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Don't Sell Cable One, Inc. (NYSE:CABO) Before You Read This

Simply Wall St

This article is for investors who would like to improve their understanding of price to earnings ratios (P/E ratios). We'll look at Cable One, Inc.'s (NYSE:CABO) P/E ratio and reflect on what it tells us about the company's share price. Cable One has a price to earnings ratio of 51.59, based on the last twelve months. That is equivalent to an earnings yield of about 1.9%.

Check out our latest analysis for Cable One

How Do I Calculate A Price To Earnings Ratio?

The formula for price to earnings is:

Price to Earnings Ratio = Price per Share ÷ Earnings per Share (EPS)

Or for Cable One:

P/E of 51.59 = $1517.67 ÷ $29.42 (Based on the trailing twelve months to September 2019.)

Is A High Price-to-Earnings Ratio Good?

A higher P/E ratio means that buyers have to pay a higher price for each $1 the company has earned over the last year. That is not a good or a bad thing per se, but a high P/E does imply buyers are optimistic about the future.

Does Cable One Have A Relatively High Or Low P/E For Its Industry?

One good way to get a quick read on what market participants expect of a company is to look at its P/E ratio. You can see in the image below that the average P/E (14.0) for companies in the media industry is a lot lower than Cable One's P/E.

NYSE:CABO Price Estimation Relative to Market, November 19th 2019

That means that the market expects Cable One will outperform other companies in its industry. The market is optimistic about the future, but that doesn't guarantee future growth. So investors should delve deeper. I like to check if company insiders have been buying or selling.

How Growth Rates Impact P/E Ratios

Generally speaking the rate of earnings growth has a profound impact on a company's P/E multiple. That's because companies that grow earnings per share quickly will rapidly increase the 'E' in the equation. That means unless the share price increases, the P/E will reduce in a few years. Then, a lower P/E should attract more buyers, pushing the share price up.

Cable One's earnings per share fell by 37% in the last twelve months. But EPS is up 3.1% over the last 5 years.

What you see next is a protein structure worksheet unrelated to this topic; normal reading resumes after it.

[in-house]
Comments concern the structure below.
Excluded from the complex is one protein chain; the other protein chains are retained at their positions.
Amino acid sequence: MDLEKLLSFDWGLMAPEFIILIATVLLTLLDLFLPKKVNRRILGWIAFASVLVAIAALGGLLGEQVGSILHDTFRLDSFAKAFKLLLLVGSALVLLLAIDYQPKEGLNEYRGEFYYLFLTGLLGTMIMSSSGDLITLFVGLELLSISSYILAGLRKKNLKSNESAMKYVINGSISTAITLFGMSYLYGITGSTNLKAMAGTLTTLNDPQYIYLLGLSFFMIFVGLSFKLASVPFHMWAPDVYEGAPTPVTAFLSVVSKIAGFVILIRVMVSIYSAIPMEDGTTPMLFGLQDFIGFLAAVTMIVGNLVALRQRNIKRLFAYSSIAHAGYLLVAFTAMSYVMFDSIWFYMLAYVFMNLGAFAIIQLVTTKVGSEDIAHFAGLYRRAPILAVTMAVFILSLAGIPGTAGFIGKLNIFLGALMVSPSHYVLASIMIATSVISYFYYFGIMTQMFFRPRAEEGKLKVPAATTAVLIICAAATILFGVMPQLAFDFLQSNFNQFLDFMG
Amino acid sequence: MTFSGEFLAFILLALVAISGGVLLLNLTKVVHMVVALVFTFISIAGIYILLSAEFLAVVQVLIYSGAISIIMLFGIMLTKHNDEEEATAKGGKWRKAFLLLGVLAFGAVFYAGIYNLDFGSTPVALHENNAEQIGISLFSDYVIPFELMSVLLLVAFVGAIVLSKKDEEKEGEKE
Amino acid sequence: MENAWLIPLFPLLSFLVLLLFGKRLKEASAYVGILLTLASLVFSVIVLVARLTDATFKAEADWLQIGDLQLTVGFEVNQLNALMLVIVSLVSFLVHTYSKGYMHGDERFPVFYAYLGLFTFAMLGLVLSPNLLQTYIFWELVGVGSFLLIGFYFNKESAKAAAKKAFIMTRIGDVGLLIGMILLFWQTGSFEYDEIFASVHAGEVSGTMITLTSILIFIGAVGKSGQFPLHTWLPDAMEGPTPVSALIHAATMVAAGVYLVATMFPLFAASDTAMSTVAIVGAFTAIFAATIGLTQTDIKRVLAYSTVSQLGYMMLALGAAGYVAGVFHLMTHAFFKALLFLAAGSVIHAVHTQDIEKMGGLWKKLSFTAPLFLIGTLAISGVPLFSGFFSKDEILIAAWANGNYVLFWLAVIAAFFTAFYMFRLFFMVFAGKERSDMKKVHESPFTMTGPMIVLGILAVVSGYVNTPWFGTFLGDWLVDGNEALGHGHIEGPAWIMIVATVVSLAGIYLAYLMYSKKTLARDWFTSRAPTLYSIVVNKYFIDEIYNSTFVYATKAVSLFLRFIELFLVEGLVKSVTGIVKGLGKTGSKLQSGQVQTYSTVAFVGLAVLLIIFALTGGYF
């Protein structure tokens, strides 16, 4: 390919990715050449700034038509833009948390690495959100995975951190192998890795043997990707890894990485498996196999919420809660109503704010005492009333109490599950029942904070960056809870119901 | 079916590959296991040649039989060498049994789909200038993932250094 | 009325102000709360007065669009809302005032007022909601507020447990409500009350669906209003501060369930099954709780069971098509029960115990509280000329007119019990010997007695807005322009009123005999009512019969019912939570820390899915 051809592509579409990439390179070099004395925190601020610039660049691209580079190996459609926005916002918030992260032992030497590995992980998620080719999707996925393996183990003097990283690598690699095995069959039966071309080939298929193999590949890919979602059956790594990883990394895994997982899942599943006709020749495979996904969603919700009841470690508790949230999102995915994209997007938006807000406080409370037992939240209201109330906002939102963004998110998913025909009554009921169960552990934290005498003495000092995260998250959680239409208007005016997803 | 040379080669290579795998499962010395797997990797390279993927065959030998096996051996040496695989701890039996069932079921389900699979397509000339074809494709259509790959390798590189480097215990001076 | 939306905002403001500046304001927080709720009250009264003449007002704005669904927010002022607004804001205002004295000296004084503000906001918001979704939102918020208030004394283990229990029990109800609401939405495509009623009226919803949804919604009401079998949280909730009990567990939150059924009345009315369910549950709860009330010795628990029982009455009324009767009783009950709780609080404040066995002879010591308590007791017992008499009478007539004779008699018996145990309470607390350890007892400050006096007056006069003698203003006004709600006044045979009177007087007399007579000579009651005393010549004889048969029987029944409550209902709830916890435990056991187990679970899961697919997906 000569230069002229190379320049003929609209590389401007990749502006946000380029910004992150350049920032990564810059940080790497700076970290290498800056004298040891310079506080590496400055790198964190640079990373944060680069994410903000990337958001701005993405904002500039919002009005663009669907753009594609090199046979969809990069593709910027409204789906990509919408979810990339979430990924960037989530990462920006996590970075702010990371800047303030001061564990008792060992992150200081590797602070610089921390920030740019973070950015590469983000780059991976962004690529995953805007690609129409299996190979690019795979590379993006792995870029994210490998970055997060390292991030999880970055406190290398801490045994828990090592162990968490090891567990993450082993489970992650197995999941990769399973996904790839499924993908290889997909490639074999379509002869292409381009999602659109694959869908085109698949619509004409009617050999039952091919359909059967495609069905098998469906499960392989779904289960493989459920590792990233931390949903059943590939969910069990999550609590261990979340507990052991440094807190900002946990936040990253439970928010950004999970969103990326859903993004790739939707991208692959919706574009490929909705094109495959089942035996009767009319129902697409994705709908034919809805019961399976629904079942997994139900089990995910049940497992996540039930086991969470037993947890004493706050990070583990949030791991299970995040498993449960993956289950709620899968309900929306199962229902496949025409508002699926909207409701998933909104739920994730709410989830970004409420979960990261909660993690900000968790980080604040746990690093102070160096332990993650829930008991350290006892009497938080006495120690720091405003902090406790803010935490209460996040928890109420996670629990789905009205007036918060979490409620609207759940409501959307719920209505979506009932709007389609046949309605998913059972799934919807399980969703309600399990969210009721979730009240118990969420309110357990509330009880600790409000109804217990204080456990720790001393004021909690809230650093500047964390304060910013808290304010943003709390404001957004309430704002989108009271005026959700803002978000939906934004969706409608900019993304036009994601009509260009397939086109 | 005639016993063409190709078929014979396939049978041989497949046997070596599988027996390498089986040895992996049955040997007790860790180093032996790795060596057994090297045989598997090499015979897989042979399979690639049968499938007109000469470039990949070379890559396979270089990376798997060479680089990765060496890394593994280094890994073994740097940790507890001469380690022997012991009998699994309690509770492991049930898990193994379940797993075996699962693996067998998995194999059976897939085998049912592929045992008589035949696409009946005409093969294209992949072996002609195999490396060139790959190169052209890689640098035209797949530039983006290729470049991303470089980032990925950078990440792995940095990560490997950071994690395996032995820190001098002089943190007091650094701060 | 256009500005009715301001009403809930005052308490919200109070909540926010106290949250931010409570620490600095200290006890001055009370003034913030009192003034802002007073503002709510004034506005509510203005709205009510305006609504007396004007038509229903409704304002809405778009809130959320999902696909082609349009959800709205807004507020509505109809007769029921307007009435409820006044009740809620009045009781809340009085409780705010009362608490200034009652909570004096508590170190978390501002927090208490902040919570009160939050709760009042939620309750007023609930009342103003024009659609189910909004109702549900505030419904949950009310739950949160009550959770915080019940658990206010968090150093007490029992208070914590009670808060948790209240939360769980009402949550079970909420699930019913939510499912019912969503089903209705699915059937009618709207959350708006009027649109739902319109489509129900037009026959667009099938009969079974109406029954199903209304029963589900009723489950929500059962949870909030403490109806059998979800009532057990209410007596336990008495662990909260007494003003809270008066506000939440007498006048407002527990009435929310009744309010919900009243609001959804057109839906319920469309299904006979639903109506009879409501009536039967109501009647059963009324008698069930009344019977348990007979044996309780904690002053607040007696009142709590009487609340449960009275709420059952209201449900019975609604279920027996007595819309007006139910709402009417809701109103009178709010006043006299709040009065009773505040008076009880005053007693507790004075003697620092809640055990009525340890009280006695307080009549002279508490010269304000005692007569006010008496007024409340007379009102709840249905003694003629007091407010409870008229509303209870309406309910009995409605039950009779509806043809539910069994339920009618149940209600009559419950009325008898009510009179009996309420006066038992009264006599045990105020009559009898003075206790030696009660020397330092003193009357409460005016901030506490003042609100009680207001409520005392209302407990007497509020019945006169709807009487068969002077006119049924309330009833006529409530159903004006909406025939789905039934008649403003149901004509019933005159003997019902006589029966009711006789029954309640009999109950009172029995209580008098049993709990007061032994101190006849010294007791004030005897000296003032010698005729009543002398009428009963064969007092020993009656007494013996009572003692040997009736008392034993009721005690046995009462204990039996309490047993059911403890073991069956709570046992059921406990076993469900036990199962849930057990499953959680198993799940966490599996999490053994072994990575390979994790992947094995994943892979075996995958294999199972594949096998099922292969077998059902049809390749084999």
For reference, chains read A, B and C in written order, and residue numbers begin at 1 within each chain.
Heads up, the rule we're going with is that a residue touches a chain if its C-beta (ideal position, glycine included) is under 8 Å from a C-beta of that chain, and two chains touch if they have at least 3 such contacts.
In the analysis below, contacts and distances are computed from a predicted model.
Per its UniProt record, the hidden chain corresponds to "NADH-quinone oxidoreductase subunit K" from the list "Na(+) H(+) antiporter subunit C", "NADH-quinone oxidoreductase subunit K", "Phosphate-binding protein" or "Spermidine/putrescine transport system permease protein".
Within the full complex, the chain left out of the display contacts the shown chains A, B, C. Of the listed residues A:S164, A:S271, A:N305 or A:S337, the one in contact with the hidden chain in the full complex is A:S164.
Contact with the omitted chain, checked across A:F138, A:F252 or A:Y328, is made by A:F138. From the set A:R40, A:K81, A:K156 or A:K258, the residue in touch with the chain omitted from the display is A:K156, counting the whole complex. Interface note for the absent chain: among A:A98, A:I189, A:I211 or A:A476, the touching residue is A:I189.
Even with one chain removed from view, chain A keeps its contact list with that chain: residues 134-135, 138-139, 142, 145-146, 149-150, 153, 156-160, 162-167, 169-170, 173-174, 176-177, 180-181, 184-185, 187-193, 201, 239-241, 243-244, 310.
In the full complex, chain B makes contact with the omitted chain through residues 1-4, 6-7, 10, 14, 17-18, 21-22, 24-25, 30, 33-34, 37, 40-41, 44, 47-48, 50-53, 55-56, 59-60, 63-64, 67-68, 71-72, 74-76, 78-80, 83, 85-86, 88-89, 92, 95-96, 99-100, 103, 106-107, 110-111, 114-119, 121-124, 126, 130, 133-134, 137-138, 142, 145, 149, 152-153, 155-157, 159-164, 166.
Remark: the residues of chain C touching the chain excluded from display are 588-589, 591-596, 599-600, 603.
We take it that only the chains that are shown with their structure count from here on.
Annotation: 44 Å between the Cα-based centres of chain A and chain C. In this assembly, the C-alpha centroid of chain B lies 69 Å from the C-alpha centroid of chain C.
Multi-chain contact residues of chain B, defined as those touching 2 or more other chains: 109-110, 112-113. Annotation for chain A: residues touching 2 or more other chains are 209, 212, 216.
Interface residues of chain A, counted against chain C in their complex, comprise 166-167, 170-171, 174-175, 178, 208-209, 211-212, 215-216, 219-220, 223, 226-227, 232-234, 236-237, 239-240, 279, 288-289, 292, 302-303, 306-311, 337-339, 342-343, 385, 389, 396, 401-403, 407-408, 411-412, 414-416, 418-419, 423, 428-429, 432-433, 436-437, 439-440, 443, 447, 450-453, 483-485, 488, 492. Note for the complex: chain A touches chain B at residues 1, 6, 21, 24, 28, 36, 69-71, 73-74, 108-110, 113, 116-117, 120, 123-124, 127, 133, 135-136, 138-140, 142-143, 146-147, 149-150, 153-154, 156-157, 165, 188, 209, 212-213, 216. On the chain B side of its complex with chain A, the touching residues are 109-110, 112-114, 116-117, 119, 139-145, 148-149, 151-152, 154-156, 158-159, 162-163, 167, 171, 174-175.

Remember: P/E Ratios Don't Consider The Balance Sheet

One drawback of using a P/E ratio is that it considers market capitalization, but not the balance sheet. Thus, the metric does not reflect cash or debt held by the company. In theory, a company can lower its future P/E ratio by using cash or debt to invest in growth.

While growth expenditure doesn't always pay off, the point is that it is a good option to have; but one that the P/E ratio ignores.

Cable One's Balance Sheet

Net debt totals 15% of Cable One's market cap. That's enough debt to impact the P/E ratio a little; so keep it in mind if you're comparing it to companies without debt.

The Verdict On Cable One's P/E Ratio

Cable One trades on a P/E ratio of 51.6, which is above its market average of 18.2. With a bit of debt, but a lack of recent growth, it's safe to say the market is expecting improved profit performance from the company, in the next few years.

When the market is wrong about a stock, it gives savvy investors an opportunity. People often underestimate remarkable growth -- so investors can make money when fast growth is not fully appreciated. So this free visualization of the analyst consensus on future earnings could help you make the right decision about whether to buy, sell, or hold.

But note: Cable One may not be the best stock to buy. So take a peek at this free list of interesting companies with strong recent earnings growth (and a P/E ratio below 20).

We aim to bring you long-term focused research analysis driven by fundamental data. Note that our analysis may not factor in the latest price-sensitive company announcements or qualitative material.

If you spot an error that warrants correction, please contact the editor at editorial-team@simplywallst.com. This article by Simply Wall St is general in nature. It does not constitute a recommendation to buy or sell any stock, and does not take account of your objectives, or your financial situation. Simply Wall St has no position in the stocks mentioned. Thank you for reading.